A Time for Confidence

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Paul was likely one of the most intelligent people to have ever lived. He certainly is one of the best writers. He was extremely ambitious. He knew adversity, yet he persevered. If anyone “thinks he has reason for confidence in the flesh,” Paul tells us, “I have more” (Phil. 3:4).

Yet, Paul realizes that “whatever gain I had, I counted as loss for the sake of Christ” (v. 7). He counts all his accomplishments, all his strivings after righteousness, as “rubbish,” a polite word for “dung.” All of Paul’s abilities and accomplishments simply serve to underscore his utter inability to achieve righteousness.

Instead of putting his confidence in the flesh, Paul learned to put his confidence in Christ and in the gospel. Paul wanted to be found in Christ. He writes, “That I may gain Christ and be found in him, not having a righteousness of my own, but that which comes through faith in Christ, the righteousness from God that depends on faith” (v. 9). The theologian Francis Turretin expresses it this way:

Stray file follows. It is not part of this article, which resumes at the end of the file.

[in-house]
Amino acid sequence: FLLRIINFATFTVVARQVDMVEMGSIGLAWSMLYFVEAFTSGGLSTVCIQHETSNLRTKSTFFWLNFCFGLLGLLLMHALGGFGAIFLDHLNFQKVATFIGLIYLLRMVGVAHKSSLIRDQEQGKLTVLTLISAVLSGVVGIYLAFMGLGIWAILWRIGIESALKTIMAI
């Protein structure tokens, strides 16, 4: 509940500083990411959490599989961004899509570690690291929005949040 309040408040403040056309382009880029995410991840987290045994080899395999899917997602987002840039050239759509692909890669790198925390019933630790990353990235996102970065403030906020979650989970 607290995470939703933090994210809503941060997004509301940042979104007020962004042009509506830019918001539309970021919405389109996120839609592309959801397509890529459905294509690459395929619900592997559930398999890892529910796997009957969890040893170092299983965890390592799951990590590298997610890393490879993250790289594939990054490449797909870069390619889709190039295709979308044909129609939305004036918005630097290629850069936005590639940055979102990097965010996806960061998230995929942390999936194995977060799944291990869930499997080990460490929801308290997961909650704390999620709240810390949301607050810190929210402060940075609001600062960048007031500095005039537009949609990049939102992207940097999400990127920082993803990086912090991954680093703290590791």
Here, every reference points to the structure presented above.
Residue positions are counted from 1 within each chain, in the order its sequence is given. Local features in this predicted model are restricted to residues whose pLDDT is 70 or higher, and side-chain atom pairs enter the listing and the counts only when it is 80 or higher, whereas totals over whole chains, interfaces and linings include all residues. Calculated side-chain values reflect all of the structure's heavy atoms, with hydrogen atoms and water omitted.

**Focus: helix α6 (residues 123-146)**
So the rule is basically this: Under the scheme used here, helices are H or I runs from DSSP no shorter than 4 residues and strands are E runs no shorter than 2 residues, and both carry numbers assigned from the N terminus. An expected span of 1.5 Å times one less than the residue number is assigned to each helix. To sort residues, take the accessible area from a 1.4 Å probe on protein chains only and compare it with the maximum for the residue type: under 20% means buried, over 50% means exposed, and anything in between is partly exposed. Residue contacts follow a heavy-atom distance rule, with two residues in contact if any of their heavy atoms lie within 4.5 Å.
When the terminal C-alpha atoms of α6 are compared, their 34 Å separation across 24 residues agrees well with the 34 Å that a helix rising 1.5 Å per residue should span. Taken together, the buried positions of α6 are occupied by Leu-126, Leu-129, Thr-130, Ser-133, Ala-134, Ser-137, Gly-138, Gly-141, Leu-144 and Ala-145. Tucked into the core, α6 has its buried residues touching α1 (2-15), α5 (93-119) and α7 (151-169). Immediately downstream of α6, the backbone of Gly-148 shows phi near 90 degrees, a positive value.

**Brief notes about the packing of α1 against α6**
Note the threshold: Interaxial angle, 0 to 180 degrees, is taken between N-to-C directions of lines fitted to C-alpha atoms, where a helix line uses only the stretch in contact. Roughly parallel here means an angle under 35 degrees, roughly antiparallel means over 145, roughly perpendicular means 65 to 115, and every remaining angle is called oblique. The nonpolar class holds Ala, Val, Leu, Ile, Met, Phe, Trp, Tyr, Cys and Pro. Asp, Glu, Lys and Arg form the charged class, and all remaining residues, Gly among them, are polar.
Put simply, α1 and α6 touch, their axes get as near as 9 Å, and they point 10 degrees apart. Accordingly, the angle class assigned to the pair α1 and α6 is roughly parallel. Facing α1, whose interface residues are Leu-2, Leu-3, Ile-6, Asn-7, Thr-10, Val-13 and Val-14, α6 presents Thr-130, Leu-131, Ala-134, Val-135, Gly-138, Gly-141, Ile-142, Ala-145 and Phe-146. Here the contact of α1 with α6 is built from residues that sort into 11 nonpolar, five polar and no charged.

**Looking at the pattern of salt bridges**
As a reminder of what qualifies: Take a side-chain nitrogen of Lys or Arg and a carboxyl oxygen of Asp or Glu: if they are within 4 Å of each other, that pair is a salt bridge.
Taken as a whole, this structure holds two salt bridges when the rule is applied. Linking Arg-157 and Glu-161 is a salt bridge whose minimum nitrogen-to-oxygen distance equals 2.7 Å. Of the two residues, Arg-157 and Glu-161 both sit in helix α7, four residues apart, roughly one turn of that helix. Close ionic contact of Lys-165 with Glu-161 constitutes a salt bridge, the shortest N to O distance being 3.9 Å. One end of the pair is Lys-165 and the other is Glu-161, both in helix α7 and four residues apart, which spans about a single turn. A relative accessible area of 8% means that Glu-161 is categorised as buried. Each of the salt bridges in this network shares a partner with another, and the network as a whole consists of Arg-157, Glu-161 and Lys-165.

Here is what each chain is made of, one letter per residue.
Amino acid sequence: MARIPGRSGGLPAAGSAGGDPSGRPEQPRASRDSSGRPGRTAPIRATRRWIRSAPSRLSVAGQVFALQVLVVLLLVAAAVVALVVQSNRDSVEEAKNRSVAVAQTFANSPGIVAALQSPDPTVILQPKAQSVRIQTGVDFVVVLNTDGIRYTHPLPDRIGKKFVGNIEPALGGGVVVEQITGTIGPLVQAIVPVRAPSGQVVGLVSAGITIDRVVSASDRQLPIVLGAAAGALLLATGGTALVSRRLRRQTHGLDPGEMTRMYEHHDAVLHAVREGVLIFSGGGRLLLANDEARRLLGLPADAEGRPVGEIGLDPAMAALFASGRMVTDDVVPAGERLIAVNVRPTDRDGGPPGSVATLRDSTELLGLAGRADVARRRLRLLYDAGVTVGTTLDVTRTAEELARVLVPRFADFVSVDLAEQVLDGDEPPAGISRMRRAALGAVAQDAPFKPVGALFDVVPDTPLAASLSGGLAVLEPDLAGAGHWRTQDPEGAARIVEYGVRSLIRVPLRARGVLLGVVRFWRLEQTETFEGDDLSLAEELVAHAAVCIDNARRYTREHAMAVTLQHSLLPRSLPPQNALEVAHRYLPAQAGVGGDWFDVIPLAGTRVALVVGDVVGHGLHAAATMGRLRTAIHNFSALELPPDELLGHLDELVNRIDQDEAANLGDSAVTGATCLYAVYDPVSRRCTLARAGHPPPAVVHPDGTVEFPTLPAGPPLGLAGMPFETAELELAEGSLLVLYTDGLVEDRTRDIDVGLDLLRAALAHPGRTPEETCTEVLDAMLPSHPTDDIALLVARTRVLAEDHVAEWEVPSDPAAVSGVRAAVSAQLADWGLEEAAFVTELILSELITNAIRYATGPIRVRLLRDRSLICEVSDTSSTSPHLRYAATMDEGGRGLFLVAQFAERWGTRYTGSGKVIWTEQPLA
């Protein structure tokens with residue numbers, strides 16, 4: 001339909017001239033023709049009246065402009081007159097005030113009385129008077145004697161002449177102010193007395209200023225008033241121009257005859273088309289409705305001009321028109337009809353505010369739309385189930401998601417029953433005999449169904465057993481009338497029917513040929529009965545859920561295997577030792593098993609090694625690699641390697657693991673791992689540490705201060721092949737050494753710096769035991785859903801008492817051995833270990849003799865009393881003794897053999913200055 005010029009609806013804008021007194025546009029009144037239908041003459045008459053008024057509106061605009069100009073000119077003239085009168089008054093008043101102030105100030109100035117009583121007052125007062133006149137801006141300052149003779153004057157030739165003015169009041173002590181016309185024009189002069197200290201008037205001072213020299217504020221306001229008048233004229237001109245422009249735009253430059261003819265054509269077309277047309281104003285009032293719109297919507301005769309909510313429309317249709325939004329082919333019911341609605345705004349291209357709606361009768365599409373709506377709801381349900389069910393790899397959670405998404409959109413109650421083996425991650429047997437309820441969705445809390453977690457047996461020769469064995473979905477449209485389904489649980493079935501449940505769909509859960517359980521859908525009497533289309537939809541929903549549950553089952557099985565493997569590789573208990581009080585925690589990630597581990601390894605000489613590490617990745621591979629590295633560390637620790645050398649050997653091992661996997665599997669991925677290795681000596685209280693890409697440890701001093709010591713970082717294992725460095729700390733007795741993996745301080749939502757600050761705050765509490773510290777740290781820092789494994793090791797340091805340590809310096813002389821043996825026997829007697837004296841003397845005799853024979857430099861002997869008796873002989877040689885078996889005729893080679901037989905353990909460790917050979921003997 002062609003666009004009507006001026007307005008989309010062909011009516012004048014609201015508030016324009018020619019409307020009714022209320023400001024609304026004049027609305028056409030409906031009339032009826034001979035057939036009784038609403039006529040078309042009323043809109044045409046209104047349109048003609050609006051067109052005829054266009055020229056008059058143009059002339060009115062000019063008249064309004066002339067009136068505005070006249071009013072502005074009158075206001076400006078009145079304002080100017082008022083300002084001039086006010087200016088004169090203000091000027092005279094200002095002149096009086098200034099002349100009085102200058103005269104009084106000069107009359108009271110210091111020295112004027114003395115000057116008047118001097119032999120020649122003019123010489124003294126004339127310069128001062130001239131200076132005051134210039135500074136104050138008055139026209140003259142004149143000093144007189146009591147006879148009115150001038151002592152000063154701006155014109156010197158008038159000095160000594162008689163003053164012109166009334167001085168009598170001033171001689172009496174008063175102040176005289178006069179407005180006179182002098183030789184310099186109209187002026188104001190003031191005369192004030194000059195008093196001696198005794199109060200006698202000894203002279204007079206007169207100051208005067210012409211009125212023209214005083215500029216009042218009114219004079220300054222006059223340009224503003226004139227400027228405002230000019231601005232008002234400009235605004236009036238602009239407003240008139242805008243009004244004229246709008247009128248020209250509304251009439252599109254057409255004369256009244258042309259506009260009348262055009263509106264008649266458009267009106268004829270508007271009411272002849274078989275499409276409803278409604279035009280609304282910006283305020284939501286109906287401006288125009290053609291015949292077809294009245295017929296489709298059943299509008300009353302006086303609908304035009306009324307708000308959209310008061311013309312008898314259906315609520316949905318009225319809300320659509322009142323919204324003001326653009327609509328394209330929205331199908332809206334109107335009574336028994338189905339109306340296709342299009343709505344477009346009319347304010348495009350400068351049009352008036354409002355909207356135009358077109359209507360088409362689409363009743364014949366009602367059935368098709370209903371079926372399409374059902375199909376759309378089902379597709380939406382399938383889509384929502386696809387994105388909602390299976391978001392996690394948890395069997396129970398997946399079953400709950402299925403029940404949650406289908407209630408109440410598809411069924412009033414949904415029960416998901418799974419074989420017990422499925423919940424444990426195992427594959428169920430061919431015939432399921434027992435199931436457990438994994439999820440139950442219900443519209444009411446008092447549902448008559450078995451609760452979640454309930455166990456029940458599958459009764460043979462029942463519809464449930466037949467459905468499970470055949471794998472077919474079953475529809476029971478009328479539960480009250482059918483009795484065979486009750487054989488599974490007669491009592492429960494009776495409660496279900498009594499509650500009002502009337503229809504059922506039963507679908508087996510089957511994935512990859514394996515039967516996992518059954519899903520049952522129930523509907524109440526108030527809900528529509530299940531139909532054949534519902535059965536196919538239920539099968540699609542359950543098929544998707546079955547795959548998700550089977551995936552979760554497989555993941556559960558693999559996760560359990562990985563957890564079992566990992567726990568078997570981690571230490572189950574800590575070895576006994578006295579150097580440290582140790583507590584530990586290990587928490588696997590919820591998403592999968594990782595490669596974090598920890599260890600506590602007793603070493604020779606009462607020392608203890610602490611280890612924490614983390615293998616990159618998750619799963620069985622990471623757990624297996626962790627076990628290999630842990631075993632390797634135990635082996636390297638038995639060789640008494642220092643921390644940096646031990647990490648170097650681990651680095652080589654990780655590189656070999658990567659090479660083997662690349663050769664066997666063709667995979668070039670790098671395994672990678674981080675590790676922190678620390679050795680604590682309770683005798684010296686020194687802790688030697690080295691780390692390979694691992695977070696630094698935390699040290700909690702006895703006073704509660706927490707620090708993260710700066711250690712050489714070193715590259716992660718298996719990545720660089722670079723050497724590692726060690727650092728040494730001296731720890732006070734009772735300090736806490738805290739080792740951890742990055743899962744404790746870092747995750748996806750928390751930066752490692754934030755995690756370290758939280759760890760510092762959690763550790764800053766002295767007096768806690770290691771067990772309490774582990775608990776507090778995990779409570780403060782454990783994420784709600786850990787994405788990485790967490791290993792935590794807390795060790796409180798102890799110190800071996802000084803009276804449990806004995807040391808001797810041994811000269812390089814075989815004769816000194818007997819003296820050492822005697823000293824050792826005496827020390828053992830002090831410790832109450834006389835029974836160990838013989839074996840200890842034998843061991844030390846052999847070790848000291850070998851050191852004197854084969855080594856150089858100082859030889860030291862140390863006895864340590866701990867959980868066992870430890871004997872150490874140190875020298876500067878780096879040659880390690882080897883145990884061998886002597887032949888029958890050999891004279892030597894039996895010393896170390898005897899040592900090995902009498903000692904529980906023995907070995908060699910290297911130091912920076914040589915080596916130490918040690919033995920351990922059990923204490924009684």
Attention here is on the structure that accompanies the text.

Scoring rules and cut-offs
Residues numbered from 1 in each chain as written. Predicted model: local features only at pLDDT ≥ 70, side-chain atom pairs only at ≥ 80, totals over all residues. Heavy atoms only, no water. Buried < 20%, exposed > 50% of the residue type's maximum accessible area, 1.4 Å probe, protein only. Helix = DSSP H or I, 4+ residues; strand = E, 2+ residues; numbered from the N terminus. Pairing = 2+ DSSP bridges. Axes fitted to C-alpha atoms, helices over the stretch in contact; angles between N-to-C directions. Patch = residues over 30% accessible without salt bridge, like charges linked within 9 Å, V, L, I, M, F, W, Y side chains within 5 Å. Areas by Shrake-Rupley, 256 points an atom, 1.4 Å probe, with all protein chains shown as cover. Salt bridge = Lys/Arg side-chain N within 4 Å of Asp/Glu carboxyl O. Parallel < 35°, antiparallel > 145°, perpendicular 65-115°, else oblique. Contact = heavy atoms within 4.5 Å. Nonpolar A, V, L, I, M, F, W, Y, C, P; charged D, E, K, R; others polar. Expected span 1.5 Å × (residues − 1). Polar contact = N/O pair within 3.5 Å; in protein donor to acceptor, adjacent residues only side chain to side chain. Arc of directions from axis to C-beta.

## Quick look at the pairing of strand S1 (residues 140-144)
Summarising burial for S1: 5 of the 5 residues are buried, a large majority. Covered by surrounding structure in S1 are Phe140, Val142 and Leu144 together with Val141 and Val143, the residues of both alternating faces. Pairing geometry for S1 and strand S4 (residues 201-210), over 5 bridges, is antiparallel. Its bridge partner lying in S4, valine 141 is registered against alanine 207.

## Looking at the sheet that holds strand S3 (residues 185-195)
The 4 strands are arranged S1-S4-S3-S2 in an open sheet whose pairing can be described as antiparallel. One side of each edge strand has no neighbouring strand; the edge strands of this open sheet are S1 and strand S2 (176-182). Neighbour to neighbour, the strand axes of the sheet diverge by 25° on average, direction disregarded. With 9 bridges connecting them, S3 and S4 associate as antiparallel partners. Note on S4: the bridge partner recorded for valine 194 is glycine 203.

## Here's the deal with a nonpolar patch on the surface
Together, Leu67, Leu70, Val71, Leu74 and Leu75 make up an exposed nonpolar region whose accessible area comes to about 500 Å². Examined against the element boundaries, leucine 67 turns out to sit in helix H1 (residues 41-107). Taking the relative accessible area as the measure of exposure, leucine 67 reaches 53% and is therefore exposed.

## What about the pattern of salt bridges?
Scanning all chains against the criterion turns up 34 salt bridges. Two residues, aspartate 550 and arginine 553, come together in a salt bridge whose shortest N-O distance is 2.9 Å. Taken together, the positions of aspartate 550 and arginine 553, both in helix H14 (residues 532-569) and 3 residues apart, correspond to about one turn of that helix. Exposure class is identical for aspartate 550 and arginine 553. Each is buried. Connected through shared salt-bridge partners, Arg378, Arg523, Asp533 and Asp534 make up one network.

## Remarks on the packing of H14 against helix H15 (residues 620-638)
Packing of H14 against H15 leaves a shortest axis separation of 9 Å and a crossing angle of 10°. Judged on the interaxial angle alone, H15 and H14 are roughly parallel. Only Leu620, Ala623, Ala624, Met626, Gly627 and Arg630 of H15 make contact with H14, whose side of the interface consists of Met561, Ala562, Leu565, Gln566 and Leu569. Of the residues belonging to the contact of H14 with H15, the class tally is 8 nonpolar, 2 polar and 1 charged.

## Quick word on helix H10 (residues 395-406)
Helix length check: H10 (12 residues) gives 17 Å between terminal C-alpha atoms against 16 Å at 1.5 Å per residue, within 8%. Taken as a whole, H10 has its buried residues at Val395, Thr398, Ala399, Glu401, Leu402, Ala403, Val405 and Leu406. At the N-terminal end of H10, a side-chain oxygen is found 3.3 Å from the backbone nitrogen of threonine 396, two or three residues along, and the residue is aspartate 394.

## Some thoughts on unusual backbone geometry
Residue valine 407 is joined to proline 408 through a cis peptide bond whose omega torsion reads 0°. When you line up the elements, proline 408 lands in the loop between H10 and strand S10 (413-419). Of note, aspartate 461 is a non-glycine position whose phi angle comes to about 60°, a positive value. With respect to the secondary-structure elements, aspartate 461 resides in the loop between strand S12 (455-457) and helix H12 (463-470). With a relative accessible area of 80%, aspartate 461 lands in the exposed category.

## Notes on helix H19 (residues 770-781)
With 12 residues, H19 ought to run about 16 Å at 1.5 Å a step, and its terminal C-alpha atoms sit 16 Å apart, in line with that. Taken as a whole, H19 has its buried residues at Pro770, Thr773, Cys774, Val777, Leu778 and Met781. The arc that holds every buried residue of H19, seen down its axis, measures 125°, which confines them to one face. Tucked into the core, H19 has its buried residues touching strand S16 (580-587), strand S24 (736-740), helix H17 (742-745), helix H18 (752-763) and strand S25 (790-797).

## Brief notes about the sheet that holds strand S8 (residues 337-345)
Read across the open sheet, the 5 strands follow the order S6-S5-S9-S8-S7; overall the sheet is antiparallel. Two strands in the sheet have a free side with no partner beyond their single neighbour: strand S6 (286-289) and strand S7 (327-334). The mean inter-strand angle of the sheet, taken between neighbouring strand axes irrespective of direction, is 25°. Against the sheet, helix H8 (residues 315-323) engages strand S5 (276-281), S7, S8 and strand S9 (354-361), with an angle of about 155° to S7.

God grant that, dismissing a vain confidence in our own merit, we may rest in the most perfect merit of Christ alone and so keep faithful in him and fight the good fight even unto the end that we might receive the crown of righteousness; due not to our merit, but most graciously promised to us from the heavenly rewarder.

Johnny Cash wrote a novel on the life of the Apostle Paul. Yes, one of country music’s icons and one of American music’s legends wrote a biography of Paul. Cash called it The Man in White, and it is a piece of genius. The “man in white” is actually not Paul. It’s Christ. Therein lies Cash’s genius. (Similarly, Augustine is not the main character in his autobiographical Confessions. God is.) Paul is not the main character in Cash’s biography. He’s the prominent and predominant character as the pages unfold. But all along, we get the sense that there is far more to the story than what we are seeing on the page. Behind the scenes of Paul’s life, there is One at work, orchestrating all the details to one desired end and one certain outcome.